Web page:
As I was painting today, suddenly a poem by Boris Pasternak floated to the surface of my consciousness (the link above goes to a rough translation, but the original is there, too). It’s about how he didn’t know just how serious this whole thing — art, poetry —would turn out to be in the end, in his old age — how Art would be over, and Soil and Fate would be breathing in his lines instead. I felt as though that I am approaching the moment, where this experience becomes genuinely true for me, where I know what he meant — where my life is at stake. Can this be that this motive is present in this sonnet, too?
Whatever it was, it was really frightening, but I felt like I was ready to face it, to take it as it comes. For now, it’s just me and this painting — today was a good start, but there is a lot of work ahead.
June 14, 2016
It seems that I’ve brought the painting to the stage where I don’t really what to do with it. At some level, it seems complete. At another, it needs clarification, simplification, cleaning up of colours.
June 15, 2016
Working on strengthening the triangular essence of the composition, and the tension between contours, colour, and the dissolution of “matter”.
The lack of matter, combined with a dreamy vision of one’s own body in reclining position. The painting comes close to the vision, but there is a lot of work to do. The angularity of the composition need to be strengthened and some of its reds, muted.
I painted less today than I thought I would — there was a slowness to the process, some lack of clarity — I didn’t really know what to do. Or, to be more precise, there were intermittent moments of clarity in the midst of uncertainty. Could it be that the theme of the sonnet gets itself involved in my painting process?
June 16, 2016
I’ve decided to let the sonnet painting dry a bit today — there was no way I could do what needed to be done on the surface this wet.
So my studio time went into a small (20”x10”) painting from life, a still life with a Chinese cup.
I really needed to paint from life today — as a way to reconnect with reality. I don’t know whether I will return to this painting later on, or maybe I’ll just scrape it away, and start something new on this canvas. In this case, the meaning was fully in the painting-as-process, and I have no idea whether the result can turn into a painting-as-thing. The intention was pure connection — painting what I see, not what I know; not reconstructing anything, not aligning anything, just pure impressions. A novel object in the still life — the Chinese cup — introduced to intensify the process with a new challenge, and also as a way to understand the Dutch flowers experience better (they loved using Chinese vases for their flowers).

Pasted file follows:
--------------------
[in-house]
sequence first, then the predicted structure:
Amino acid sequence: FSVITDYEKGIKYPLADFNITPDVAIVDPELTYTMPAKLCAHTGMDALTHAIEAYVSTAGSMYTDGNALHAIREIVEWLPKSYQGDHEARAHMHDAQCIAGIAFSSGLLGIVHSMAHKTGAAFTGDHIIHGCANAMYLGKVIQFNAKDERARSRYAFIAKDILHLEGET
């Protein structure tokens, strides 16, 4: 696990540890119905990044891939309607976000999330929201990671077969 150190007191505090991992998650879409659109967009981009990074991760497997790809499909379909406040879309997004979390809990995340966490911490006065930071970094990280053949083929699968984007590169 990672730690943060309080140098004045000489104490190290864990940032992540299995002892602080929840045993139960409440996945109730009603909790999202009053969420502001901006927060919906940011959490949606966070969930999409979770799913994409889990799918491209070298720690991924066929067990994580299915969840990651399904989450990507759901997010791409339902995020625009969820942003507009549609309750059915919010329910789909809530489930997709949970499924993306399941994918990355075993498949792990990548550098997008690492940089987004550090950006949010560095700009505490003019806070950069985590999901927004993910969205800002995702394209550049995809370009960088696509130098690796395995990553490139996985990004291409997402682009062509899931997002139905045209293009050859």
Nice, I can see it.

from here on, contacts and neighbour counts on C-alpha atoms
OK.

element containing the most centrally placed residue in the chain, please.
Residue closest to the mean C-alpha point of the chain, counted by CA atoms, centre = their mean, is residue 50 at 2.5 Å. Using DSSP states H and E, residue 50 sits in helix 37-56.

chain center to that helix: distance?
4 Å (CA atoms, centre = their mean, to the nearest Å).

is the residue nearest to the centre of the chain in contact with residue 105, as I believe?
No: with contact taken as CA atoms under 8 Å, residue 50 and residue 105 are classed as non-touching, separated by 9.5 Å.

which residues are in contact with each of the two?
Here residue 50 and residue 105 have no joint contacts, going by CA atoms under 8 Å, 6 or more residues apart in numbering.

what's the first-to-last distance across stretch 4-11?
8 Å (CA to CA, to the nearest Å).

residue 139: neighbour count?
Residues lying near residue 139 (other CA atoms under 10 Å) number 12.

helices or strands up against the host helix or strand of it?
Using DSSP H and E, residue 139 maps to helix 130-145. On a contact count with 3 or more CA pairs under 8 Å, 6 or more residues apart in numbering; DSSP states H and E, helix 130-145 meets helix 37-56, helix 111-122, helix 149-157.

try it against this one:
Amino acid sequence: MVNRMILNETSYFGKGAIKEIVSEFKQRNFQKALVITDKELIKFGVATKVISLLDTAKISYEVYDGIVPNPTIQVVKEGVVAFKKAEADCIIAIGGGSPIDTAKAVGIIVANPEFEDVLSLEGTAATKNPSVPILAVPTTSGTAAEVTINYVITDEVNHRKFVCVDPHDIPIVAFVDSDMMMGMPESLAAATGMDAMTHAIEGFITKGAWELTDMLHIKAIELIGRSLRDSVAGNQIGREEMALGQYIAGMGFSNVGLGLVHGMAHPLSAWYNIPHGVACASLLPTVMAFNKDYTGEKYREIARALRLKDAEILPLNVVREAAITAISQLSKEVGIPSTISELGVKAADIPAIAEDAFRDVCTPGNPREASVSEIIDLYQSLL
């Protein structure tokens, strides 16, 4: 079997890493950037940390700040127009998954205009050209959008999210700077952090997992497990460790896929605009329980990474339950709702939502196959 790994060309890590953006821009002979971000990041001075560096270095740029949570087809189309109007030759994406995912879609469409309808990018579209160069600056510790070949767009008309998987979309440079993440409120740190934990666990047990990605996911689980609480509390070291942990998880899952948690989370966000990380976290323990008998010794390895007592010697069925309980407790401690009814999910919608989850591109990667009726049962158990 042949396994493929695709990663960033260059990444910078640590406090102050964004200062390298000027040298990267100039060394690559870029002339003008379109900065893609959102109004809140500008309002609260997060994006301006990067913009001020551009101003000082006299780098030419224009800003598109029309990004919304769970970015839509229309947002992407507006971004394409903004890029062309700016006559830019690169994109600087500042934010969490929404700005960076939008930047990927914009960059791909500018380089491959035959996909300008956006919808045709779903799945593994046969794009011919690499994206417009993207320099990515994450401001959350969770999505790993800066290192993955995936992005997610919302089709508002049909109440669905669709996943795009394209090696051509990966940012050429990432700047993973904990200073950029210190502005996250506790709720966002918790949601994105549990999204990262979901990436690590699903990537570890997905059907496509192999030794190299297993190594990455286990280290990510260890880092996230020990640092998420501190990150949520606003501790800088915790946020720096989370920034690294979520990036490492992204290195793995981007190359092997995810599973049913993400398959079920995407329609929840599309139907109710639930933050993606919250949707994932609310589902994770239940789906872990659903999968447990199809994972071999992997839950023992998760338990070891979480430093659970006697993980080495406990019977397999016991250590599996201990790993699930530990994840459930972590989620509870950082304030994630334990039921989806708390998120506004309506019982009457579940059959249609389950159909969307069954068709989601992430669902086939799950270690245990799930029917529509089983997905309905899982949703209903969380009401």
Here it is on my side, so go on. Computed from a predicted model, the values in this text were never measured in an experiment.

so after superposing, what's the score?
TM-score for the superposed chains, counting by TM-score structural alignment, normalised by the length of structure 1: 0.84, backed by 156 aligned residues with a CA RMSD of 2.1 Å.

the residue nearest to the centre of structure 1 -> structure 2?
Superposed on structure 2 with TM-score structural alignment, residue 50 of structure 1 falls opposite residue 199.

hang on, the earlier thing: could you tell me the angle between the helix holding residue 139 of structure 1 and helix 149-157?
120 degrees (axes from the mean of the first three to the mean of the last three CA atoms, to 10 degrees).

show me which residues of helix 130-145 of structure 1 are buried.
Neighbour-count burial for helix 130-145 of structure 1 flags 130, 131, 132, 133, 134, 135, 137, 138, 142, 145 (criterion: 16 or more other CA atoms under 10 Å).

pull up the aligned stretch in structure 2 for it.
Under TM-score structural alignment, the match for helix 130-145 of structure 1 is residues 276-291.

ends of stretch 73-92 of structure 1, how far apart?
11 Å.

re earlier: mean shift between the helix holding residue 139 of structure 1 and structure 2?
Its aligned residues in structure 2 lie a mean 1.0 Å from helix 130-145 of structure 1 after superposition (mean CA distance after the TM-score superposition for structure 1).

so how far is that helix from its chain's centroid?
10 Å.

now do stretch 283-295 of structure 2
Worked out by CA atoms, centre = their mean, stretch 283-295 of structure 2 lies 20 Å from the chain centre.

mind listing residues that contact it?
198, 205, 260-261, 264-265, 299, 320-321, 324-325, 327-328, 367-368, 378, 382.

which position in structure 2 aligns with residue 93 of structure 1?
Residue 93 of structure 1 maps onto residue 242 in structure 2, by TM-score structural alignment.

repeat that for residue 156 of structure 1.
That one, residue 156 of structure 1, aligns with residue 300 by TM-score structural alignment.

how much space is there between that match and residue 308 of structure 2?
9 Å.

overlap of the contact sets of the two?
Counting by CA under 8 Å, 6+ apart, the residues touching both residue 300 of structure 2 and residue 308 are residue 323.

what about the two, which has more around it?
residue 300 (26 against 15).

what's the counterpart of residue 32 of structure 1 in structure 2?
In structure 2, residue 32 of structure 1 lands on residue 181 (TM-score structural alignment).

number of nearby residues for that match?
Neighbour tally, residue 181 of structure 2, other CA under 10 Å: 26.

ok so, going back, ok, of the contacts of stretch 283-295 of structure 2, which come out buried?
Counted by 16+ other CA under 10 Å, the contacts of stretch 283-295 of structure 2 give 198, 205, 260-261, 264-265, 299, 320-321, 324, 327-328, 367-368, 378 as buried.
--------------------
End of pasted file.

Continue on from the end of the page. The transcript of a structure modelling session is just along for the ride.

June 17, 2016
The eighty sixth sonnet painting is complete, which completes the whole composition, “The paradox of Muse”. Most likely, there will be more work, once the paintings are arranged together as a collage — there usually is, but they have to dry a bit first anyway. At this point, I don’t think there will be much to do, though, since I’ve been constantly looking at them together while painting, but I’ll have to look at them afresh in a couple of months.
Looking back at the long months of work on this composition, I see some themes I didn’t anticipate — the rhythm of hands, the interplay of circles and triangles. The painting experience has also shifted in the process — I am now better at paying attention to the flow of thoughts emerging in response to the painting, at really listening of what I want to tell myself.
I used to think of this flow of thoughts as a distraction, the product of “monkey mind” — and, in many respects, it was (and, occasionally, still is). But I’ve learned this “mind hack”, which is as counterintuitive as almost any other “mind hack” — instead of following the temptation to trying to shut up this stream of partly verbalised thoughts (which usually doesn’t work anyway), the really needed mental gesture is a shift towards attentive listening. Once I concentrate on listening, the non-sensical or unrelated mental noise fades away, and if something remains, it is usually worth listening to and directly relevant to what I am doing.